TheStreetSweeper issues an investor alert for Ingram Micro (IM).
Leaked Chinese government documents indicate the $6 billion acquisition of Ingram could be in trouble.
In February, Ingram Micro announced China-based Tianjin Tianhai Investment would pay $38.90 per share cash to acquire Ingram.
But now a China-based company will not be allowed to acquire a company for $1 billion or more that is not within their core business, suggest new Chinese regulations leaked to the Chinese media.
Under the buyout deal, Ingram Micro would become a subsidiary of China-based HNA Group specializing in logistics, aviation, financial services and tourism. HNA is a major shareholder of Tianjin Tianhai, which focuses on shipping, logistics and financing.
California-based Ingram Micro would be outside the Chinese companies' core business because it is an information technology company.
Below is a partial copy of the photographed document said to be from the People's Bank of China conference record, indicating the central government likely has already passed the regulation on to the bank. It's not perfectly clear whether the restrictions would institute an actual ban or more intensive scrutiny, but the economic issues demand that China reduce its capital outflow:
Translated, the relevant portions state:
This is primarily targeting six types of foreign investments through supervision and control. Filing and approvals are not permitted (unless with the approval of the appropriate departments).
The measures have been approved by the State Council, the Ministry of Commerce, Development and Reform Commission is responsible for the implementation of concrete measures will soon be issued.
Six categories of business include:
1) State-owned enterprises purchase or develop large-scale real estate with Chinese investment of US $ 1 billion and above; large-scale mergers and acquisitions of non-core businesses with Chinese investments of US $ 1 billion and above; and Chinese investments of US $ 10 billion and Of the large amount of foreign investment projects; investment in the amount of 1 billion US dollars (inclusive) or more non-main projects large M & A investment projects;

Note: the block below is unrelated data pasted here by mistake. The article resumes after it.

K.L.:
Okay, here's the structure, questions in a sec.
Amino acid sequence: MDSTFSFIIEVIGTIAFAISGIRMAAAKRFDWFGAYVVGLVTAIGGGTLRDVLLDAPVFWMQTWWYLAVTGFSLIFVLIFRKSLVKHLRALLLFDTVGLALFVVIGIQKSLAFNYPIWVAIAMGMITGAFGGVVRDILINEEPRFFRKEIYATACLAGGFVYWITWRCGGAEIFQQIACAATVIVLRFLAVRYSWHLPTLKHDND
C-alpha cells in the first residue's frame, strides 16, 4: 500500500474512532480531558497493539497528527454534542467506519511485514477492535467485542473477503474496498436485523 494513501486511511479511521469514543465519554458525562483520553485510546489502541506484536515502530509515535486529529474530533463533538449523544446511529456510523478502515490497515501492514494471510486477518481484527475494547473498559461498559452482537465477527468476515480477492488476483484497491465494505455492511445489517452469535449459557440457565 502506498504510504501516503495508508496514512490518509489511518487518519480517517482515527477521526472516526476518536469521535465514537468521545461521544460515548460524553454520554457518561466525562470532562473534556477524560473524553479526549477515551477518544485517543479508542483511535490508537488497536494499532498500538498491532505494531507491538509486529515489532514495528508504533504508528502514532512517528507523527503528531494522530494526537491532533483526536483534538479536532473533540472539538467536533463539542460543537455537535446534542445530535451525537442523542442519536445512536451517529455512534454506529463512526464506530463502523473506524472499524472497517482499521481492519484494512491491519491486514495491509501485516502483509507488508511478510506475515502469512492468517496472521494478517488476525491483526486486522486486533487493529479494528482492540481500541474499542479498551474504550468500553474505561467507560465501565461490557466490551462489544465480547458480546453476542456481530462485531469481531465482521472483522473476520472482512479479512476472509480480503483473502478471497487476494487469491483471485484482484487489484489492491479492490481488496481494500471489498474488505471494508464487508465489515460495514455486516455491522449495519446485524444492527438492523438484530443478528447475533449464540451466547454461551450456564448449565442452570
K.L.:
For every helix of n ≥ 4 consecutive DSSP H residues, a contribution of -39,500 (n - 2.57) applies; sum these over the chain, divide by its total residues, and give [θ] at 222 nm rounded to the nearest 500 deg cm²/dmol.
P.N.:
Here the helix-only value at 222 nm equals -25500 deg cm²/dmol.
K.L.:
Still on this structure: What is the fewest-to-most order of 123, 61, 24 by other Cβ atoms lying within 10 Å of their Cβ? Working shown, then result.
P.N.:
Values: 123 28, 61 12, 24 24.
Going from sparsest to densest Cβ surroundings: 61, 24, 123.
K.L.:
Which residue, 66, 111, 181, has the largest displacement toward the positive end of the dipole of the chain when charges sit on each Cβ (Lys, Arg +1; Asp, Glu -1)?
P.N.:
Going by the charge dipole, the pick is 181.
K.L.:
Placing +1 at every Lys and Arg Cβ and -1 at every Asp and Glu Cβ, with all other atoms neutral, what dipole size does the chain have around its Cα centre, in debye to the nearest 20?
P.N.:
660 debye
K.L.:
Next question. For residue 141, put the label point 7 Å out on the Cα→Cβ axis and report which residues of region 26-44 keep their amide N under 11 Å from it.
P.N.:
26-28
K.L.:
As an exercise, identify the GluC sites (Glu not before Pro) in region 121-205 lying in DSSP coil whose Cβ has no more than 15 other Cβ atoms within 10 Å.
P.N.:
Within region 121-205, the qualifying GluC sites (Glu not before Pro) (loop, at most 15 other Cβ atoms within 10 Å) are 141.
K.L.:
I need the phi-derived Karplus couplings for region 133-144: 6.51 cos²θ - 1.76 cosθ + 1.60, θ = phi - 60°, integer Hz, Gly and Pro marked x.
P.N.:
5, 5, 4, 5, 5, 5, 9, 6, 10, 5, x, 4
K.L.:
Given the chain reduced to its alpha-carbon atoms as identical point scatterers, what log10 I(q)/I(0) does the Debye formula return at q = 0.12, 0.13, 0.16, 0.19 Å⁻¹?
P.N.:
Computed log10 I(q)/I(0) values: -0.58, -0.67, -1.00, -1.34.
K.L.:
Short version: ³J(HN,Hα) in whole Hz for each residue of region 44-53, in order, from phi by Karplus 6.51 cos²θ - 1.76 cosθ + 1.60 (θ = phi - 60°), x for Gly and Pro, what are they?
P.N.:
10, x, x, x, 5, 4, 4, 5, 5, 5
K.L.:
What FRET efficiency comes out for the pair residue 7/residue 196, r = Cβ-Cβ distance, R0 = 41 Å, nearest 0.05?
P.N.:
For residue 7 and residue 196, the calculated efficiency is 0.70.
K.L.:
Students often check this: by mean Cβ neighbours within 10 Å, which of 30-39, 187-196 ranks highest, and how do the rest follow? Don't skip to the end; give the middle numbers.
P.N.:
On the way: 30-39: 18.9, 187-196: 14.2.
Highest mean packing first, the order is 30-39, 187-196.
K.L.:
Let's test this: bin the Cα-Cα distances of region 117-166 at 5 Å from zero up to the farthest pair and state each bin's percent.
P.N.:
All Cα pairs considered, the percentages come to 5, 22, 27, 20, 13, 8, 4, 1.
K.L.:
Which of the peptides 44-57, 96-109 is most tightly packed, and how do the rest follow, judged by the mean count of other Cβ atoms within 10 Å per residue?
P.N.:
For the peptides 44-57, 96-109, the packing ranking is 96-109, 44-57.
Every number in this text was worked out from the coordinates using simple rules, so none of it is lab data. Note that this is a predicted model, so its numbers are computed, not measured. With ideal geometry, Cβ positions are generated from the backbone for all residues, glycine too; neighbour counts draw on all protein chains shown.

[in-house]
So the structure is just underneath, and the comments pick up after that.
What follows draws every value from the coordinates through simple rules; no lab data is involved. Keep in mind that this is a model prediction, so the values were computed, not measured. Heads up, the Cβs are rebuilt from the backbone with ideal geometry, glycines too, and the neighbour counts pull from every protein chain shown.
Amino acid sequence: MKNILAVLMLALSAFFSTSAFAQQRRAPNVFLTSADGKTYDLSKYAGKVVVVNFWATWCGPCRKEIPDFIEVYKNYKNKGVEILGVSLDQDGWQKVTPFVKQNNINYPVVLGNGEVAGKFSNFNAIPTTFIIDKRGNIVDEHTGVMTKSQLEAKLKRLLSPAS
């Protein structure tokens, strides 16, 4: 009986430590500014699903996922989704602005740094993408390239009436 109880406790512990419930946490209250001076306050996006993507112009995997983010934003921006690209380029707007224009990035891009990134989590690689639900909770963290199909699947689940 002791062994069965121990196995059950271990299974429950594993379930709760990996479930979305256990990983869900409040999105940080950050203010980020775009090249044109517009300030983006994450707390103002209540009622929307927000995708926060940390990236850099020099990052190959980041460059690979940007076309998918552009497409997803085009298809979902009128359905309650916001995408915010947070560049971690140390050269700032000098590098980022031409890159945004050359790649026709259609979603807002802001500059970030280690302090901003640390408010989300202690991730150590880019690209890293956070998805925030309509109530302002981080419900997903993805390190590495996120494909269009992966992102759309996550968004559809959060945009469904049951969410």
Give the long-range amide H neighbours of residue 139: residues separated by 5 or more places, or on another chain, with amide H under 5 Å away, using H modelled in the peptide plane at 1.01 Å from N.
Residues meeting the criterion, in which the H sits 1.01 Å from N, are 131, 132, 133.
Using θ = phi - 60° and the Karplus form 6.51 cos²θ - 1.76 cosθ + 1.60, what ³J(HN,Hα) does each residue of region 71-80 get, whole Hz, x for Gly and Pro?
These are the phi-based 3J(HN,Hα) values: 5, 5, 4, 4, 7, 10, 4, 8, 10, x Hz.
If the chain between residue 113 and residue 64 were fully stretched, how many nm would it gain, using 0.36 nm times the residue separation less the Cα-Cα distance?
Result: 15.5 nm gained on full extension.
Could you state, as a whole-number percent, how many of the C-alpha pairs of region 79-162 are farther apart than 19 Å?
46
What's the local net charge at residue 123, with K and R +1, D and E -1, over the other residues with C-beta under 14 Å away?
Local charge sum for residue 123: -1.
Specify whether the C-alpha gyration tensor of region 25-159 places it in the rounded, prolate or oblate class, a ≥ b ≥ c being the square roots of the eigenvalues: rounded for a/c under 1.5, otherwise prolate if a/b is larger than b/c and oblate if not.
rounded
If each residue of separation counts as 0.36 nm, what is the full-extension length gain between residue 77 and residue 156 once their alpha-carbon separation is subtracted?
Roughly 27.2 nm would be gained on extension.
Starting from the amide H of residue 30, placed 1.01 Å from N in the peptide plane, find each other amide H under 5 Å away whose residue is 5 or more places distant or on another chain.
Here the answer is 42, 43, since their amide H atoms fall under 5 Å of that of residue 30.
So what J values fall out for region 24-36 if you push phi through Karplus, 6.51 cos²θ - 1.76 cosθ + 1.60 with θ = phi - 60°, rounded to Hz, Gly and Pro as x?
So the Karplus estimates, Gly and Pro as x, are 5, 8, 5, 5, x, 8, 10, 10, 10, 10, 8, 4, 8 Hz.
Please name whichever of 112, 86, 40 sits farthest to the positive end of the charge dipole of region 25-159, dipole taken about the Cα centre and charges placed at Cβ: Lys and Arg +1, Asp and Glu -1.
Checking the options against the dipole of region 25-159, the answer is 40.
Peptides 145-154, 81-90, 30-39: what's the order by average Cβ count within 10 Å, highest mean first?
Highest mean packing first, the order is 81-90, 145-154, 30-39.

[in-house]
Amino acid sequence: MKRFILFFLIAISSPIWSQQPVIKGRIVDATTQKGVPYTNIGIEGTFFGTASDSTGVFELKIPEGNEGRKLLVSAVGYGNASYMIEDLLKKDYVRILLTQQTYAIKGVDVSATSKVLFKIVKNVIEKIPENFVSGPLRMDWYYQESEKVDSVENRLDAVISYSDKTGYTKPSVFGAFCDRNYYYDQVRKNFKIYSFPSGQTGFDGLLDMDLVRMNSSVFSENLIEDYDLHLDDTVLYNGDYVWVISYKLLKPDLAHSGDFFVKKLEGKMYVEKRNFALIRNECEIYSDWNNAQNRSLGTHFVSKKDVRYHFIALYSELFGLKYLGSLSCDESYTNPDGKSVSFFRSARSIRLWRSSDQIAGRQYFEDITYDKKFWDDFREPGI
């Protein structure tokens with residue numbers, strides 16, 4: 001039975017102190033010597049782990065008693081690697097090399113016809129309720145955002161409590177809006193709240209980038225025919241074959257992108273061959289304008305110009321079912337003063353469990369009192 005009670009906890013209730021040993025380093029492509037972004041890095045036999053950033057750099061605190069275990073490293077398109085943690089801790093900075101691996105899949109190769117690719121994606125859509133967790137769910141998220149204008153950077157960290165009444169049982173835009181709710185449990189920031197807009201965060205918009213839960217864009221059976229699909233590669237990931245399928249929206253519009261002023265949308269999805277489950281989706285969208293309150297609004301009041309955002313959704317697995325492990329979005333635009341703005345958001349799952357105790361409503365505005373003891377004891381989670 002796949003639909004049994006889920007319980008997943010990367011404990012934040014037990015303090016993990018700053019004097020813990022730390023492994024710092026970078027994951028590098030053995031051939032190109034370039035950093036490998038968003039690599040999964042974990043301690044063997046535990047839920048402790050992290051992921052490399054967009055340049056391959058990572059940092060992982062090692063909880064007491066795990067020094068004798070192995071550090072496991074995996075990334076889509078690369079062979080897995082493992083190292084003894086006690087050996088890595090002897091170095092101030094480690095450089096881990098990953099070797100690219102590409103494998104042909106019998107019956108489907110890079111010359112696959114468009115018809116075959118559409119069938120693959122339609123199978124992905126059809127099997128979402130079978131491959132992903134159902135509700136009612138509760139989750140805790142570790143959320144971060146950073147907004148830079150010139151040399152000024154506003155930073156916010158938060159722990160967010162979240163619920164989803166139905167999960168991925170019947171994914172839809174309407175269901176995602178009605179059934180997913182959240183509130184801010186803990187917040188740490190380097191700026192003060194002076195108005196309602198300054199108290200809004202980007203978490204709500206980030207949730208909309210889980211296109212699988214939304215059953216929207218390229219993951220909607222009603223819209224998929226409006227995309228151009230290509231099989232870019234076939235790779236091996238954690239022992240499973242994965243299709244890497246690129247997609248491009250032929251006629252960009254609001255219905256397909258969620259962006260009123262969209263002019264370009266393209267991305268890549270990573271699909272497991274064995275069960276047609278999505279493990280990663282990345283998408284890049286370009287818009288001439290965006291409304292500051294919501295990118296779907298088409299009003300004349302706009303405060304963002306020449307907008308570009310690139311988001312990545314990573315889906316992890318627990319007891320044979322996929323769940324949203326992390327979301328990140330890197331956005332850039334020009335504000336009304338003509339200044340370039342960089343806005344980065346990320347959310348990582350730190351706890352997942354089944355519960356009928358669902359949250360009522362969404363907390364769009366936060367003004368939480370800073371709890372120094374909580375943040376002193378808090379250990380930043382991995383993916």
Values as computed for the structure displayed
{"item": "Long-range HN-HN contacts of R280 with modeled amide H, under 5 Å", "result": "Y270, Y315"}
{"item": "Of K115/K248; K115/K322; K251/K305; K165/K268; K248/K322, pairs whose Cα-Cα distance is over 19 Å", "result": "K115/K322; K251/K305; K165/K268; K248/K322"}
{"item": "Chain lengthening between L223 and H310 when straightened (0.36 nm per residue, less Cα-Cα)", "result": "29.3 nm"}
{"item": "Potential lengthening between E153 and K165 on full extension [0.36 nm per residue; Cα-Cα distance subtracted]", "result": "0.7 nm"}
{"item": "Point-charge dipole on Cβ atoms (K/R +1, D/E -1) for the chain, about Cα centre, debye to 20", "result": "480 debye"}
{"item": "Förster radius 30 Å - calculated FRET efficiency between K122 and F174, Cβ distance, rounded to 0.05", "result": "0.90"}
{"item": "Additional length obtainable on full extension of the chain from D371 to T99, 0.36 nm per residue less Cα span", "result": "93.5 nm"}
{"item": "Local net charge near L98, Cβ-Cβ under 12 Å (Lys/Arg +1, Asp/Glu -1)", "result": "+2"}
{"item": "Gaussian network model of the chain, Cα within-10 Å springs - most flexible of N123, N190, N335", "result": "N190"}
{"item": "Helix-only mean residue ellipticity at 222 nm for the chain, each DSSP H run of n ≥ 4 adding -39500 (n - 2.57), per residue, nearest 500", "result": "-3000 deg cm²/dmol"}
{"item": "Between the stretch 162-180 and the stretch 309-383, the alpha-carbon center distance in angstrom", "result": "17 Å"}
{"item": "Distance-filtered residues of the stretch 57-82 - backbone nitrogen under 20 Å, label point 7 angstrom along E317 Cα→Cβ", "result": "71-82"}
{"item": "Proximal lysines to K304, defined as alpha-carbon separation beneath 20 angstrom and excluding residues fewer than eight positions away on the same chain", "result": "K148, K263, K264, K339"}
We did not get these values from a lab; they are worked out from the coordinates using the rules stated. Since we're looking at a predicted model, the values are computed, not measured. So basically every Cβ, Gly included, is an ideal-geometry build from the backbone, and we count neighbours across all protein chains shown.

2. Direct investments of partnerships
3. Purchasing of stocks under 10% of foreign companies
4. Using subsidiaries to acquire foreign companies
5. Chinese investment groups taking foreign listed Chinese companies private
..With regards to existing investment projects which are approved by the National Development and Reform Commission, the guideline mentioned above should be followed... Filing and approvals are not permitted (unless with the approval of the appropriate departments.)
Our interpretation, along with that of reputable third-party Chinese speakers, is that other government departments must follow the "no filings" and "no approvals" guidelines. The exception would be if undefined "relevant departments" have already approved the foreign investment.
The South China Morning Post states the massive policy shift which would place tighter controls on overseas investing would be effective from now until September of next year.